Sunday, July 31, 2005

Hope and Calvin Unite!

Hope and Calvin Unite!
Originally uploaded by Chris Winkler.
When I was a student at Hope College, I hated Calvin College. Okay, so maybe hate is a strong word, but I really did not like anything having to do with the "other" Reformed college in west Michigan.

Then I started to meet students and graduates of Calvin. And as it turns out, they're quite nice and have actually learned something while there. It started with my semester in Chicago, where I became good friends with a Calvin student and really picked up after moving to San Francisco.

Since living out here, so far away from Dutch west Michigan, I have befriended four Calvin grads who have made my stay in the Bay Area much more enjoyable. Steve and Amy Carlson, East Bay residents and fellow hard-core A's fans, have been a breath of fresh air when needing to get away from the city (along with '03 Hope grad Lisa Canterbury).

And then there's the random story of meeting Ryan and Kelly Dubois (Calvin '02) at the 4th and Geary Farmer's Market. I now attend their small group and they have been a great support in the past six months--many thanks to Kelly for wearing a Calvin shirt that fateful day!

So with this newfound support for Calvin College, I approached Steve with the idea of co-hosting a joint event for alumni from both Hope and Calvin: a tailgate party and A's game. A quick call to Hope's alumni office showed me that with their help, planning such an event could be fairly easy, so we embarked on preparations.

The final result, which took place yesterday, went better than we could have imagined! Nearly 30 alumni and friends (including a professor and some current students), from both schools, gathered for good food and fellowship at a tailgate party and then found our way into the stadium to watch the A's beat the Detroit Tigers (how appropriate!).

Somehow, I've overcome my prejudice against the Knights while maintaining my pride for the Flying Dutch!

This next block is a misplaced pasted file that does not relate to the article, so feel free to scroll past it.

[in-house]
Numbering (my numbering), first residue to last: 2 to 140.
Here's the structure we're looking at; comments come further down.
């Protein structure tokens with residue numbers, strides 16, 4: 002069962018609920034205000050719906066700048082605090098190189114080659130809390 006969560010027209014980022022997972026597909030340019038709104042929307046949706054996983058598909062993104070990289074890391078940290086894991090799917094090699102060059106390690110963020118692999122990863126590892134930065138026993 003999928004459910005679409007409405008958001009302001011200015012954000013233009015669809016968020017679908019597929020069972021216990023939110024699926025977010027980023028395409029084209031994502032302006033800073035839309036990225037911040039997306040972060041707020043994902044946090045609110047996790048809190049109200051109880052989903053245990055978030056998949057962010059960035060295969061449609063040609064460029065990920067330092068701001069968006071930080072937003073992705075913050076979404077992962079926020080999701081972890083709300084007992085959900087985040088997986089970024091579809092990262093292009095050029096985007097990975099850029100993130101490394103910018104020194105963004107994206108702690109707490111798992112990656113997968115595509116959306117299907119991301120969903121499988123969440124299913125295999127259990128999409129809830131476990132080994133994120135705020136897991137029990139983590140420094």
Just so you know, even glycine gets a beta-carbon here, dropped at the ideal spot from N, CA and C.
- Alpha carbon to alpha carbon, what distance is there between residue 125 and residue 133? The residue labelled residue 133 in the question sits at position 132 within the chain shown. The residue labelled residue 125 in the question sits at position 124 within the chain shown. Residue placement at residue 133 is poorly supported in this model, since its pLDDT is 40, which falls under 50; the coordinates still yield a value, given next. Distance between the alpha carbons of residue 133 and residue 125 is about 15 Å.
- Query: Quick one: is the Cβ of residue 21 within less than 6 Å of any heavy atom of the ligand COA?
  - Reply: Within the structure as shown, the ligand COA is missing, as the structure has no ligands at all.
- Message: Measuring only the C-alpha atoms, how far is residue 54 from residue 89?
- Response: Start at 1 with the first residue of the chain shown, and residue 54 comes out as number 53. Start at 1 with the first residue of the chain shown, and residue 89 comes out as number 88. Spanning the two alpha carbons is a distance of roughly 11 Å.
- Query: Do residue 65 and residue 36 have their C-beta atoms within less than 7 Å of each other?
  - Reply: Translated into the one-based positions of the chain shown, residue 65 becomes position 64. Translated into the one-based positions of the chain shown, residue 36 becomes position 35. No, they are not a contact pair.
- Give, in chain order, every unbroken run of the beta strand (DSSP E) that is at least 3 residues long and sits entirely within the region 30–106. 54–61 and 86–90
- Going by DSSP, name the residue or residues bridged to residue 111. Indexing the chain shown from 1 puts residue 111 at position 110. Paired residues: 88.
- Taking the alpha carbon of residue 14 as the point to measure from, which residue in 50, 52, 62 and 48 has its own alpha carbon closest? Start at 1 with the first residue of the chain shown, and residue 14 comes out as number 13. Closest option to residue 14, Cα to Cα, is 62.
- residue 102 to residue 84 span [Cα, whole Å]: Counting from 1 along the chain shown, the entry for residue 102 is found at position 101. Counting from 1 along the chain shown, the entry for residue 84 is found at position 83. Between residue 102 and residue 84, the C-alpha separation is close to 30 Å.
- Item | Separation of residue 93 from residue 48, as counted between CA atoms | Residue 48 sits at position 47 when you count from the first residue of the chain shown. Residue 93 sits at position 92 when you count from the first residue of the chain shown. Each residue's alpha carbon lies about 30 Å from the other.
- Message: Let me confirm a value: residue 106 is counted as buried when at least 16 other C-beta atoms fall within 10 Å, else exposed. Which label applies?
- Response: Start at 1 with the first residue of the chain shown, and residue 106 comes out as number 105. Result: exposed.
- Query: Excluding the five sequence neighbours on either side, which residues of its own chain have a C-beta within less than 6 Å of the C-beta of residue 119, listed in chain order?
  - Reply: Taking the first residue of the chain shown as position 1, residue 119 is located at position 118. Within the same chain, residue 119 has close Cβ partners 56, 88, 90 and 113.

Sunday, July 24, 2005

My Buddy Daragh

My Buddy Daragh
Originally uploaded by Chris Winkler.
If you want a close look at one of the things that I'll miss most when I leave San Francisco, check out this article and accompanying photo gallery. This picture really encompasses my job--working with people that are homeless, along with kids who grow up around such situations.

I love the Tenderloin neighborhood, where this photo was taken, and especially the kids I've come to know and love there. This means that I'll have to stop by there much more often in my last month here in San Francisco!

Saturday, July 16, 2005

It's Official!!

As many of you know, I have been in the application process to join Wycliffe Bible Translators since Novemer of last year. Though it's had its ups and downs, I've kept pressing on for about eight months, and just this week, I heard that I am officially a member of Wycliffe!

With this news comes a wave of emotions. Relief at the fact that the lengthy process is completed. Excitement that things are in motion for me to be moving overseas in the next year or so. Frustration at the thought of moving twice in the coming months (from SF to Michigan and then Michigan to DC for an internship). Some fright at leaving the US to live in the developing world, even though this is something that I've dreamed about for a long time.

Not the least of my emotions is confidence. (On second thought, is confidence an emotion? For the sake of argument today, let's say it is.) I am confident that this is the direction that God has called me--a lot of prayer has gone into this decision, and God has opened and closed the right doors at the right times. And in the same vein, I am confident that I will be able to do well in my future job, and will like living overseas.

My good friend Ryan, whose blog I was reading in between moments of typing this, just posted an interesting entry on his struggle with uncertainty as to his calling. I suppose I would be one of those people of whom he is jealous, because of my aforementioned confidence. (By the way, Ryan is one of my closest friends and I know he would love to engage in further dialogue on this topic; nothing I said here is meant in a negative way.)

So now I return to the long and tedious tasks involved with picking up and moving across the country. More boxes were packed today, probably the last until a few weeks before the move. But it all has a different tone now--I'M IN!!!!